Monday, April 8, 2019

Atoll - 1989 - Tokyo C'est Fini (Live in Japan)

Tokyo C'est Fini (Live in Japan)

01. L'araignée-Mal / Cimetierre de plastique
02. L'océan
03. Quelque part
04. Lune noire
05. Tunnel
06. Drums solo / Bass solo
07. L'amour n'a pas de drapeau
08. Paris, c'est fini

- Christian Béya / guitar
- Raoul Leininger / vocal
- Jean-Pierre Klares / bass
- Gilles Bonnabaud / drums
- Nathalie Gesher / keyboards

Recorded live at Club Citta' Kawasaki 23 July and Eggman Shibuya 26 July, 1989.
Mixed 19-21 September '89 Studio DIG Tokyo.

Work released in 1994 "Tokyo C'Est Fini". It is a live board of new ATOLL that Christian Beya formed in 1989. At that time, I saw live of them in Tokyo. Because alternatively to mediocre vocal, and the tune of latest album "L'Ocean" was the main It differed from my image, and I felt it like hard rock. I was impressed that it was a fine performance extremely the last "Paris C'Est Fini" however. The member of ATOLL was completely changed excluding guitarist's Christian Beya. His performance power progresses considerably, and remembers the performance not caught in a past glory being listened to be made.If vocal is excluded, it is a brilliant performance.

Four songs out of eight come from their weak album "L'Océan" (one star in my rating, but I was maybe too harsh). Since it was the supporting tour I guess it's all but normal. One track is a "Drum & bass solo"... I'm afraid that the worse is ahead of me...
The sound recording is very good. Since this album comes from some Japanese concerts, there are of course no interaction with the audience and the work here is closer to a "studio live" album than anything else (which is fine with me in the case of "Atoll"). Only the encore "Paris, C' Est Fini" features some audience "assistance".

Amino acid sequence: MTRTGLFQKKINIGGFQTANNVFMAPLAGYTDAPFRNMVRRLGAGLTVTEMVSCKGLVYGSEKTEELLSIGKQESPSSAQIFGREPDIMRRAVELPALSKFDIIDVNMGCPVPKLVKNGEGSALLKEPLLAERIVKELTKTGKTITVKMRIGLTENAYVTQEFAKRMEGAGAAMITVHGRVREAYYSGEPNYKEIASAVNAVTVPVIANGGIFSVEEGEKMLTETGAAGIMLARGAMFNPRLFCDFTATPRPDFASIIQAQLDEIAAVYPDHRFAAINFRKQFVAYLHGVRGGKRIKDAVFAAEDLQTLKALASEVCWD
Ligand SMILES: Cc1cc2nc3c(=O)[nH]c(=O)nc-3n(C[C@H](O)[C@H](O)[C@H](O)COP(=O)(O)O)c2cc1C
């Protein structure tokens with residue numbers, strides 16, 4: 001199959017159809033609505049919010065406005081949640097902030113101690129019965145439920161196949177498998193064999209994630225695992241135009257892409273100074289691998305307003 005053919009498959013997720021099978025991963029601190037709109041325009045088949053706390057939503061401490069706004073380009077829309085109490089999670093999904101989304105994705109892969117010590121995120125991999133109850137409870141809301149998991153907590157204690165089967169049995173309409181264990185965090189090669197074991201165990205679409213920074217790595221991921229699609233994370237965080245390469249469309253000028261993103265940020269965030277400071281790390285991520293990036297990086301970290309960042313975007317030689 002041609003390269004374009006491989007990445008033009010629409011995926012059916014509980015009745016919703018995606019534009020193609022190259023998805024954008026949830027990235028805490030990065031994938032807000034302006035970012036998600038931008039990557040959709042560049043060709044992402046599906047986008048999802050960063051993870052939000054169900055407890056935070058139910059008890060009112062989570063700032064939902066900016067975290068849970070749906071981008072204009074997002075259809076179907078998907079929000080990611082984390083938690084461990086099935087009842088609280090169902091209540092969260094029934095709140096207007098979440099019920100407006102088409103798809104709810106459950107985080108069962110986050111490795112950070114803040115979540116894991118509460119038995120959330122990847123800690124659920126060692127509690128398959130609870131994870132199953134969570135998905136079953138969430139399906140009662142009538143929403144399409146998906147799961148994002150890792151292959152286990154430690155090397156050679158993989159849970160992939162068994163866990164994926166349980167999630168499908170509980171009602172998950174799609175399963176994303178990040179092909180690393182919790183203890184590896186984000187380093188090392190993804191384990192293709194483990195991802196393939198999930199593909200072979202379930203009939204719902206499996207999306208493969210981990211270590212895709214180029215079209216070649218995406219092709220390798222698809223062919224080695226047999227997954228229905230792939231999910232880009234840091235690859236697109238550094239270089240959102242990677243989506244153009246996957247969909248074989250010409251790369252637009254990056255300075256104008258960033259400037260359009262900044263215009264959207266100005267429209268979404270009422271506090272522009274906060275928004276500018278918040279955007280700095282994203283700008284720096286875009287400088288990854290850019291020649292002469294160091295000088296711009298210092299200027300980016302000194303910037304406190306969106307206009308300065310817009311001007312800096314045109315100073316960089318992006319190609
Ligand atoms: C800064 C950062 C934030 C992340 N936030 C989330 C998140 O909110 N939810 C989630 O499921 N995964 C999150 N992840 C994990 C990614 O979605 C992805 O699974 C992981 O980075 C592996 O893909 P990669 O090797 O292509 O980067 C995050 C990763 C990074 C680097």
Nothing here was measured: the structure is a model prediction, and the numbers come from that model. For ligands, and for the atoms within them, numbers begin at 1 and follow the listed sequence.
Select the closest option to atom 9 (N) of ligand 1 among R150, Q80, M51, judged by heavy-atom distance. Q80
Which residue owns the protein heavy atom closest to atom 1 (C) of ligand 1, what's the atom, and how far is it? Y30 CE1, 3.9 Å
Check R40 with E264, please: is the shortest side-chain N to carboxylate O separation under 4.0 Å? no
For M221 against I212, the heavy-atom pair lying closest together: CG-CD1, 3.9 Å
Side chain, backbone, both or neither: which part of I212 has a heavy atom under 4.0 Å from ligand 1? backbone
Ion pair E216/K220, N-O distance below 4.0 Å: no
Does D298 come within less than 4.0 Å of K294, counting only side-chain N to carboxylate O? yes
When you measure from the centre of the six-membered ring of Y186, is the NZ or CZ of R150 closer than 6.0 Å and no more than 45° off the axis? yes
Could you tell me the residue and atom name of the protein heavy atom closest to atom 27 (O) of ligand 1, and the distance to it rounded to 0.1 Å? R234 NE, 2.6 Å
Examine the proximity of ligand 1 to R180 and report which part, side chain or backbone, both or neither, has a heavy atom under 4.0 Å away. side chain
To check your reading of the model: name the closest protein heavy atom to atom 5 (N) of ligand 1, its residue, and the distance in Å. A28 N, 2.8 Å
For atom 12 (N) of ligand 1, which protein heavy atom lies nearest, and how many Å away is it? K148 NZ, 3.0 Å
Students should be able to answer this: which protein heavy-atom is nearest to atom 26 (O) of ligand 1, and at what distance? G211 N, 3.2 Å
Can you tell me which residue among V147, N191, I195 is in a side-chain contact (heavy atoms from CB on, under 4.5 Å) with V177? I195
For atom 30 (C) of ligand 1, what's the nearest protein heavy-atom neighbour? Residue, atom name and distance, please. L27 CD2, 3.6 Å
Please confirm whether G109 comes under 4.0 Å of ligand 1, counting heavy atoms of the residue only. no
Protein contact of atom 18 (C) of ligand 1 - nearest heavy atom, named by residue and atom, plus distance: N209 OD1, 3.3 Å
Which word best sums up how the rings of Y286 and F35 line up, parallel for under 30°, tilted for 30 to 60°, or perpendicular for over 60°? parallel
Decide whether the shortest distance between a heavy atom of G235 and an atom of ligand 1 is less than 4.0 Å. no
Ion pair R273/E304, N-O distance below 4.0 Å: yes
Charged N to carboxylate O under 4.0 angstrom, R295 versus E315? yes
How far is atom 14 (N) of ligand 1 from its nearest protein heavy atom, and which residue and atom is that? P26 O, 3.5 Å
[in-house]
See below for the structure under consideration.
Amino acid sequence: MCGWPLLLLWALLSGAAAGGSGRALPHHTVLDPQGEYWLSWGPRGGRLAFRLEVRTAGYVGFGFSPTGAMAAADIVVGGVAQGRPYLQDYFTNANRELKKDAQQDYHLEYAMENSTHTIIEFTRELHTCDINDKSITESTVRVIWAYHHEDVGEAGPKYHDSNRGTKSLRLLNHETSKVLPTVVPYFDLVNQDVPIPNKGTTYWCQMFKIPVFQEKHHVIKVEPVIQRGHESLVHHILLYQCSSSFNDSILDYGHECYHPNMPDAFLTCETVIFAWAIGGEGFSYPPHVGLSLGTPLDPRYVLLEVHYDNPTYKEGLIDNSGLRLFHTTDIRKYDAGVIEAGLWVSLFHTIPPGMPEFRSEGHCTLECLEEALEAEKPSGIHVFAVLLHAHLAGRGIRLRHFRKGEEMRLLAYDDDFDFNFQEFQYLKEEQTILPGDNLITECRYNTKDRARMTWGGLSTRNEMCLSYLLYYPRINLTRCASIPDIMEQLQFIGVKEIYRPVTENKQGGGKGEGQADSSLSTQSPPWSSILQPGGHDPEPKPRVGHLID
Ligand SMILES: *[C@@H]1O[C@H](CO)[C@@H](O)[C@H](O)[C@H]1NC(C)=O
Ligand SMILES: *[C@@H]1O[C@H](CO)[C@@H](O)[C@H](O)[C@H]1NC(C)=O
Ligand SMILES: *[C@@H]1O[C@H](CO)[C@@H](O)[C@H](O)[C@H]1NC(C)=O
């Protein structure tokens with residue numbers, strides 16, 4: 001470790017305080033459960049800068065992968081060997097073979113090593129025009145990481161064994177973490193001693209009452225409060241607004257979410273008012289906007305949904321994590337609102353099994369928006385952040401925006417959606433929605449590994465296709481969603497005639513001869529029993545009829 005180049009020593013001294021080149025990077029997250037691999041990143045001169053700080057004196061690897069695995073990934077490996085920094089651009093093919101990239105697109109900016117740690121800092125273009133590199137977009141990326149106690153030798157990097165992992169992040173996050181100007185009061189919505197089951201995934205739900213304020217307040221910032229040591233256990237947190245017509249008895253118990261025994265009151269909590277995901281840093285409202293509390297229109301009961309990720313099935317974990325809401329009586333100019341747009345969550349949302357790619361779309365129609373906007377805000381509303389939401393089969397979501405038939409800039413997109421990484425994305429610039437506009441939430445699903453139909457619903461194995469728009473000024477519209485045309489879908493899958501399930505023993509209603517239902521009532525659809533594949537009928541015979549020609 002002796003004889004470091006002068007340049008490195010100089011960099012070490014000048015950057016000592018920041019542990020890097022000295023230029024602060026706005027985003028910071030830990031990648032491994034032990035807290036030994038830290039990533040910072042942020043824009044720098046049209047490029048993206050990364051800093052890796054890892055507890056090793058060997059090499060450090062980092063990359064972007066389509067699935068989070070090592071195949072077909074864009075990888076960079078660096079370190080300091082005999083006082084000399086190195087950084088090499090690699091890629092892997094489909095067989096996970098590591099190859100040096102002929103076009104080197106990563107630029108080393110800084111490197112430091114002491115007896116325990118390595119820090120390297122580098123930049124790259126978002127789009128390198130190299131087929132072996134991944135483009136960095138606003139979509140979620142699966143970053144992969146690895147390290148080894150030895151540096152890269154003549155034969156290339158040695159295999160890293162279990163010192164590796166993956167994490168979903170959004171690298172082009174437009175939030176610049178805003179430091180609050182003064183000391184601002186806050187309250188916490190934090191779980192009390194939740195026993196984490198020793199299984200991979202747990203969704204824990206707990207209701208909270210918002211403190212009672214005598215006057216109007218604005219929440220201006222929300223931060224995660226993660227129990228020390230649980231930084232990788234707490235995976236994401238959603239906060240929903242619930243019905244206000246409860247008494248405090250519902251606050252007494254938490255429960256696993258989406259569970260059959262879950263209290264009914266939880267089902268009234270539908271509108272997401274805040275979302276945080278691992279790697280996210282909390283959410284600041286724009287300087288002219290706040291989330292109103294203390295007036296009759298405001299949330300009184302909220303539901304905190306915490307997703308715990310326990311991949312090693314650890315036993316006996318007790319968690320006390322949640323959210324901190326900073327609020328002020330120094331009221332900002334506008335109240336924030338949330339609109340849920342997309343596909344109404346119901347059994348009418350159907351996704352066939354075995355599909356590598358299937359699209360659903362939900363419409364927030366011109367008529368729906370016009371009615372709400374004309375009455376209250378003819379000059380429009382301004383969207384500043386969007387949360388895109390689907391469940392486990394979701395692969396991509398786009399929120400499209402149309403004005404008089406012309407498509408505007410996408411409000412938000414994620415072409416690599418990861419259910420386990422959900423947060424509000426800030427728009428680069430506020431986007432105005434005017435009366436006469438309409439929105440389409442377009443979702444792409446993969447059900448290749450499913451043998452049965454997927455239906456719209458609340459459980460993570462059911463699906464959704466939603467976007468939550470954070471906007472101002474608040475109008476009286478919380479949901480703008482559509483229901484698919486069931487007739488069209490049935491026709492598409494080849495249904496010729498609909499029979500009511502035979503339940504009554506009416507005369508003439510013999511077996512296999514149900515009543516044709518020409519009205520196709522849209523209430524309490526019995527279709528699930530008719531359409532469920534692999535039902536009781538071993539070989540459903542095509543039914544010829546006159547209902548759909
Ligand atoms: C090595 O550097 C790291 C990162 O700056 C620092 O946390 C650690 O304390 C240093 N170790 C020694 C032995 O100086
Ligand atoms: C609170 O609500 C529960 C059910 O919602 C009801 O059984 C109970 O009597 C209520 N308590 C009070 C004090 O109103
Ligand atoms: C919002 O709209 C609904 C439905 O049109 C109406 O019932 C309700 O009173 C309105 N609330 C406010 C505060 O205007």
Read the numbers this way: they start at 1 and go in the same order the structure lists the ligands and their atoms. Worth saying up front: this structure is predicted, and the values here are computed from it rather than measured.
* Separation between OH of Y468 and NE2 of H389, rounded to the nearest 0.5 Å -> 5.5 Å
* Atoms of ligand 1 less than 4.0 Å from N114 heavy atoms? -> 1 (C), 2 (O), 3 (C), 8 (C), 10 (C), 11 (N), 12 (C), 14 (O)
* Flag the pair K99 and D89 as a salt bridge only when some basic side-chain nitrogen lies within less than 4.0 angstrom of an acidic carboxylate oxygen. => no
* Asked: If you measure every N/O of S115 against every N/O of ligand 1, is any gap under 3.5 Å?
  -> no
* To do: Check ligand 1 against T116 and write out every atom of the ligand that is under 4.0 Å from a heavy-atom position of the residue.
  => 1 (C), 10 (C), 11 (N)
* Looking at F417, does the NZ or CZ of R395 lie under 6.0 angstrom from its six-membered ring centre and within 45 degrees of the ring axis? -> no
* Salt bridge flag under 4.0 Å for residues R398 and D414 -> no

Don't be over-enthusiast when reading the track list. Even if the great "L'Aragnée Mal" is featured; it is reduced to a mere 4'15". This is extremely annoying of course.

New songs like "L'Océan" and "Lune Noire" sound a bit better live. The latter will be seriously extended. The intro only is longer than the whole studio track. But no harm is done : complex guitar work and a solid rhythmic is more than welcome. The great guitar work from Christian Beya, as usual, will raise the level of some of these numbers. But there is nothing to do with the funky "Quelque Part". Poor it was, poor it remains. Just like "L'amour N' A Pas De Drapeau".

"Tunnel" is a solid rock number (but this was the style of their album ..."Rock Puzzle"). The studio track was a long piece of almost forteen minutes (part one & two). It is cut by three minutes here and it features high technicity of course; it sounds fully Crimsonesque in this live version. Tortured, complex but fresh and strong. This is of course the best song featured on this live album. Part two is really great with the rageous guitar again.

While I usually like drum soli (and this one is quite good I must reckon) a bass solo has very rarely overwhelmed me (except maybe one Entwistle one I remember while attending a "Who" concert in the nineties). Fortunately, this one is short as far as the pure bass is concerned and quickly turns into a strong bass / drum duo. But these type of work is good while you attend a concert and recording these are probably not in the "Mood of the Day" any longer.